So Leo was fucking blasted while trying to lay down vox for “The Searchers,” and his chorus sounded like Kurt Cobain on the nod. A Mexican Kurt Cobain on the nod. He’s got a good style though, sort of sloppy and pissed but good tone. I dig it at least. I did my vox for “The Letdown” and pulled the cajones out and blew out my chords pretty quick. I drank a lot of honey though and it seemed to get me through the rough spots. I tried to channel my inner rage and push it into the song as much as possible. We did the triple threat, “The Searchers,” “The Letdown” and “My Dear Colleagues.” Here are the lyrics I wrote in full, as Leo changed some of them to fit the songs and I’ll have to repost my revision to “The Letdown” but is on my new home computer since The Man is taking his computer back once I leave this cold cube on Friday;
We are the searchers.
Architects of semantic infrastructure
Coded in concrete
Not paper that’ll tear easy.
Men of our word
We commit to the betterment
Of society as a whole
Our subordinates write copy
Boilerplate mission statements
Distributed to all the right folks
And conflict resolution
Is our diplomatic mantra
Memorizing tag lines stepping deftly over razor wire
We communicate, oh we communicate
a message of fire
Shaking hands and kissing babies
My Dear Colleagues
Have you ever worked
a 60-hour week,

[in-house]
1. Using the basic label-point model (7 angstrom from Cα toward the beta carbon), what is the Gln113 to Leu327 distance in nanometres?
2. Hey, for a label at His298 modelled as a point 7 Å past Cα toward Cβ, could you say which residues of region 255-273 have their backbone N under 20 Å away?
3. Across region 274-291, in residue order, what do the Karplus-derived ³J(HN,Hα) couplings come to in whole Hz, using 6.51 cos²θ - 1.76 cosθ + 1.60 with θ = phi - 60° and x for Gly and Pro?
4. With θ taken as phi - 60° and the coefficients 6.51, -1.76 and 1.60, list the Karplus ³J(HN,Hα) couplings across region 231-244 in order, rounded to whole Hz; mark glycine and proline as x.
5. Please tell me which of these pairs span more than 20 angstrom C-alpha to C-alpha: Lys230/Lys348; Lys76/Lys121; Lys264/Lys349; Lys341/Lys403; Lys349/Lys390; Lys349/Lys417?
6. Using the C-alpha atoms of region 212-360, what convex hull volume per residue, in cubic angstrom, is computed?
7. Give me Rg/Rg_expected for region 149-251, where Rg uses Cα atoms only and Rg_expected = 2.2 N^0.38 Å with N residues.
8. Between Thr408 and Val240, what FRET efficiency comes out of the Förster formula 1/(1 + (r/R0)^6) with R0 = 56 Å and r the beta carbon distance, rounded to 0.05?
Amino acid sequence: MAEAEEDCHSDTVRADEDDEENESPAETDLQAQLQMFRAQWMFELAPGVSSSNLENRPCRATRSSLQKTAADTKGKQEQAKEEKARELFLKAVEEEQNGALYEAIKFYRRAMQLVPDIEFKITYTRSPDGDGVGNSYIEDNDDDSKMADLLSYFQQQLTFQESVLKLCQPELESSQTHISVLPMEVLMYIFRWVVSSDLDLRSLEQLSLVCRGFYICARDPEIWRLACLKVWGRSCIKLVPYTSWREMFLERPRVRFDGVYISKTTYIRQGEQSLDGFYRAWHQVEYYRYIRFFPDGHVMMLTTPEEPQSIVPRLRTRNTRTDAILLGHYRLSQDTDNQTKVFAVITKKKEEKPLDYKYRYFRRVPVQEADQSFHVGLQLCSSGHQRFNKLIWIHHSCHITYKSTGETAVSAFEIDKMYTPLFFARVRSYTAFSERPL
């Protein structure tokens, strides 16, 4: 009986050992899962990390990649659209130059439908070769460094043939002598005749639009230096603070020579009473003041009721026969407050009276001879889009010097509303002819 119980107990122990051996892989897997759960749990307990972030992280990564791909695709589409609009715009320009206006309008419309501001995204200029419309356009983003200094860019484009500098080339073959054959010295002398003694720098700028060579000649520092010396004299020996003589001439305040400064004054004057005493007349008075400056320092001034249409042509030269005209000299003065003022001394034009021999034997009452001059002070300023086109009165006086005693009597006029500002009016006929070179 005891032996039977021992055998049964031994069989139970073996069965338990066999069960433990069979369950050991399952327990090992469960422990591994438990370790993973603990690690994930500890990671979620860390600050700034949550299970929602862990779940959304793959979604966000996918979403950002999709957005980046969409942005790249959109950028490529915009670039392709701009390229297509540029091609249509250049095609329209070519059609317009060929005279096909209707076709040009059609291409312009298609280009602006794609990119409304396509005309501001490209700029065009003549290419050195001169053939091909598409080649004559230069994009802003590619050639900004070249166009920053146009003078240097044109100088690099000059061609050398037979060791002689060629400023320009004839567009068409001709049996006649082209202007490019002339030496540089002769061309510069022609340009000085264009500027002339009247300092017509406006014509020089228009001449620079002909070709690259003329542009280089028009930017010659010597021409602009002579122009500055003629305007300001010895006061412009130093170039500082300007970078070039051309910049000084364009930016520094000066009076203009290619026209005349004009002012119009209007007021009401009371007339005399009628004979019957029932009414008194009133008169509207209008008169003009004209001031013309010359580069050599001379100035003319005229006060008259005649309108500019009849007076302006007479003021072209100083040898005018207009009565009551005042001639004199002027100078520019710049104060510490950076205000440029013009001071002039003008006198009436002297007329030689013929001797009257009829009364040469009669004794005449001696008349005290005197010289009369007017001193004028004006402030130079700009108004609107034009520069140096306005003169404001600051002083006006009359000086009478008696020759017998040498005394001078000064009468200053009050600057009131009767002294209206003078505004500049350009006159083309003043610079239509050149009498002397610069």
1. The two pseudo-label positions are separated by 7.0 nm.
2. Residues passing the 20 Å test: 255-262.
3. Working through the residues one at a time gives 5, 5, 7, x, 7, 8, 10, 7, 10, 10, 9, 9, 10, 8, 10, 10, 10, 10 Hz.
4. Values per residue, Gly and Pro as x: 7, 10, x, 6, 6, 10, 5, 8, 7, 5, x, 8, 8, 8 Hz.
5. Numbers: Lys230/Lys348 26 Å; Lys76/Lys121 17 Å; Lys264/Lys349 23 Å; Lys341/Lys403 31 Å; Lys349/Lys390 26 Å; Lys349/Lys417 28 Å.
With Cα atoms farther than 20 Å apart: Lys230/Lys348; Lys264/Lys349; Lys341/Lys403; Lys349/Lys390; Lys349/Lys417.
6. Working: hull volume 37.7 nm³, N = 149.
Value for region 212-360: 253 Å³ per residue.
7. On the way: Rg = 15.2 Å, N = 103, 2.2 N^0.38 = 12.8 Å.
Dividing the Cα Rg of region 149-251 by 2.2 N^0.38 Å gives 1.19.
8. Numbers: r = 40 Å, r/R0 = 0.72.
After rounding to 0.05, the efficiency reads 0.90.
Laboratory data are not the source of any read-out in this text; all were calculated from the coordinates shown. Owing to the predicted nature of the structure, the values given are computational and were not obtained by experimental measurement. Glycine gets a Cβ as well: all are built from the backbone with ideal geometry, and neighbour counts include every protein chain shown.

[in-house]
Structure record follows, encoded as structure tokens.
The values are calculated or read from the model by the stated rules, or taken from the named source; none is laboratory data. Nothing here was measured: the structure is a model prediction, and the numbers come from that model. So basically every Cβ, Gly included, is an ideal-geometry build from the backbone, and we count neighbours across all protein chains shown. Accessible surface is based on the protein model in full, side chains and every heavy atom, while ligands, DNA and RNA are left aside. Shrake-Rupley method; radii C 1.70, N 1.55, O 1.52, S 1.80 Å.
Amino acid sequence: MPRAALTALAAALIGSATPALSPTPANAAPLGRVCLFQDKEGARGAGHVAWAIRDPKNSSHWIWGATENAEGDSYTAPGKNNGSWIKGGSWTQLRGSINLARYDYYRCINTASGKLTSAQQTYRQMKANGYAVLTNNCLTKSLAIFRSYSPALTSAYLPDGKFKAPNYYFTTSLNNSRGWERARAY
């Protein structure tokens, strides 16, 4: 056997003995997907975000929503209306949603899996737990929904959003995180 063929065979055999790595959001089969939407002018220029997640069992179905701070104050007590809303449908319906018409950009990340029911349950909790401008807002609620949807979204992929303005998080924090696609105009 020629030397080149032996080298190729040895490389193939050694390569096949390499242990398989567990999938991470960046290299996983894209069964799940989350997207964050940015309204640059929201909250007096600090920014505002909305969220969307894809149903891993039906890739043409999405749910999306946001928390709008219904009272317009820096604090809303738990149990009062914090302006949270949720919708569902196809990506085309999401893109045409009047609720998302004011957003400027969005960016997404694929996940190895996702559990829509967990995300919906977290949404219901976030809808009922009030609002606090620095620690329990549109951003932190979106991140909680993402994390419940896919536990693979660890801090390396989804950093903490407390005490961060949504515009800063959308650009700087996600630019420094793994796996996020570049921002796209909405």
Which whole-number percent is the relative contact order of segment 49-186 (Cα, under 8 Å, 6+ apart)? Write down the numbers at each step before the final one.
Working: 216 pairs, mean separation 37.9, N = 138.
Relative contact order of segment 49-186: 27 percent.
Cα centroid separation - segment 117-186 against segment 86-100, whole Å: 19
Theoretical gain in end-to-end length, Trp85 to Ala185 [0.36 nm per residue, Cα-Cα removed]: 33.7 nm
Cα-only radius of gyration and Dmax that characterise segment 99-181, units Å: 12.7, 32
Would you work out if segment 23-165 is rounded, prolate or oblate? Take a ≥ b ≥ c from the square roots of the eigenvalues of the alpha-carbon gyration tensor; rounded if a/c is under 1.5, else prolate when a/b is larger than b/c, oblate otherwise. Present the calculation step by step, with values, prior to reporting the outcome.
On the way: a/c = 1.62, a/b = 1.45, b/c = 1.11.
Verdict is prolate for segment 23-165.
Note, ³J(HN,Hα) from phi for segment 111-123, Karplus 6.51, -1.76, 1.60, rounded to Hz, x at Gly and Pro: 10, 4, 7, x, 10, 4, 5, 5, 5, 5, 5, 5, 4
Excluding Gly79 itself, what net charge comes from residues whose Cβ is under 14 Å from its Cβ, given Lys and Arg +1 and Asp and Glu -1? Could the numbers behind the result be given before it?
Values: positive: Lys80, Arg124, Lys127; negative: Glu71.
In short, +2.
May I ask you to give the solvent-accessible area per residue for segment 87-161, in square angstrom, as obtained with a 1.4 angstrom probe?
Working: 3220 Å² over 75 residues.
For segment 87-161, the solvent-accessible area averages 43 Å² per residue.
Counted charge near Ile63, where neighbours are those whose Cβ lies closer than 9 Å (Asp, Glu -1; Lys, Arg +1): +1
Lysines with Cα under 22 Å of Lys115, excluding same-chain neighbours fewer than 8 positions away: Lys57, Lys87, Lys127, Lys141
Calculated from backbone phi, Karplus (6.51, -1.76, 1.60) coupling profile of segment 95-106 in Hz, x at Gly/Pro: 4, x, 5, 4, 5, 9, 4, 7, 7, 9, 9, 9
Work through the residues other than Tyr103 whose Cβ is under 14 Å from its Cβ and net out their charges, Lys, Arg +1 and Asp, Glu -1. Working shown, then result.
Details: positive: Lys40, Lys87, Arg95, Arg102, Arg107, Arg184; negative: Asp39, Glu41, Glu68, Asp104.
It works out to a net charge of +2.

At a job you despise,
with every fiber of your being?
Do you ever stop to think
that you’re not alone?
Yeah, you’re not alone
We’re all crumbling
toward the same ending,
Thankless and dying
But you’re not alone man
Sister we’re with you
In the factories and fields,
Just to get a sense
of something real
Carve out an existence
To stand tall amidst the giants
One voice to rattle the tyrants
You’re not alone
We’ll be waiting at the end
When the credits role and curtain closes
And the last whistle blows
We’ll be there
You’re not alone.
Rubber barons in glass citadels,
directing commerce with a flick of a cigar
It’ll take more than that.
More than dirt to keep us buried.
Whip the head back and laugh through pig lips.
You’ve squealed your way to the top
and we can hear the voice over the loudspeaker
cracked and chirped like broken glass through silk
Telling us to stay inside.
Hide away thoughts of tomorrow and trade them for the fears of today.
If you make it past the bulldozer men in their pig suits
spit in the cold blue eye of the static god,
and give him our pain and toil when sending him to the void.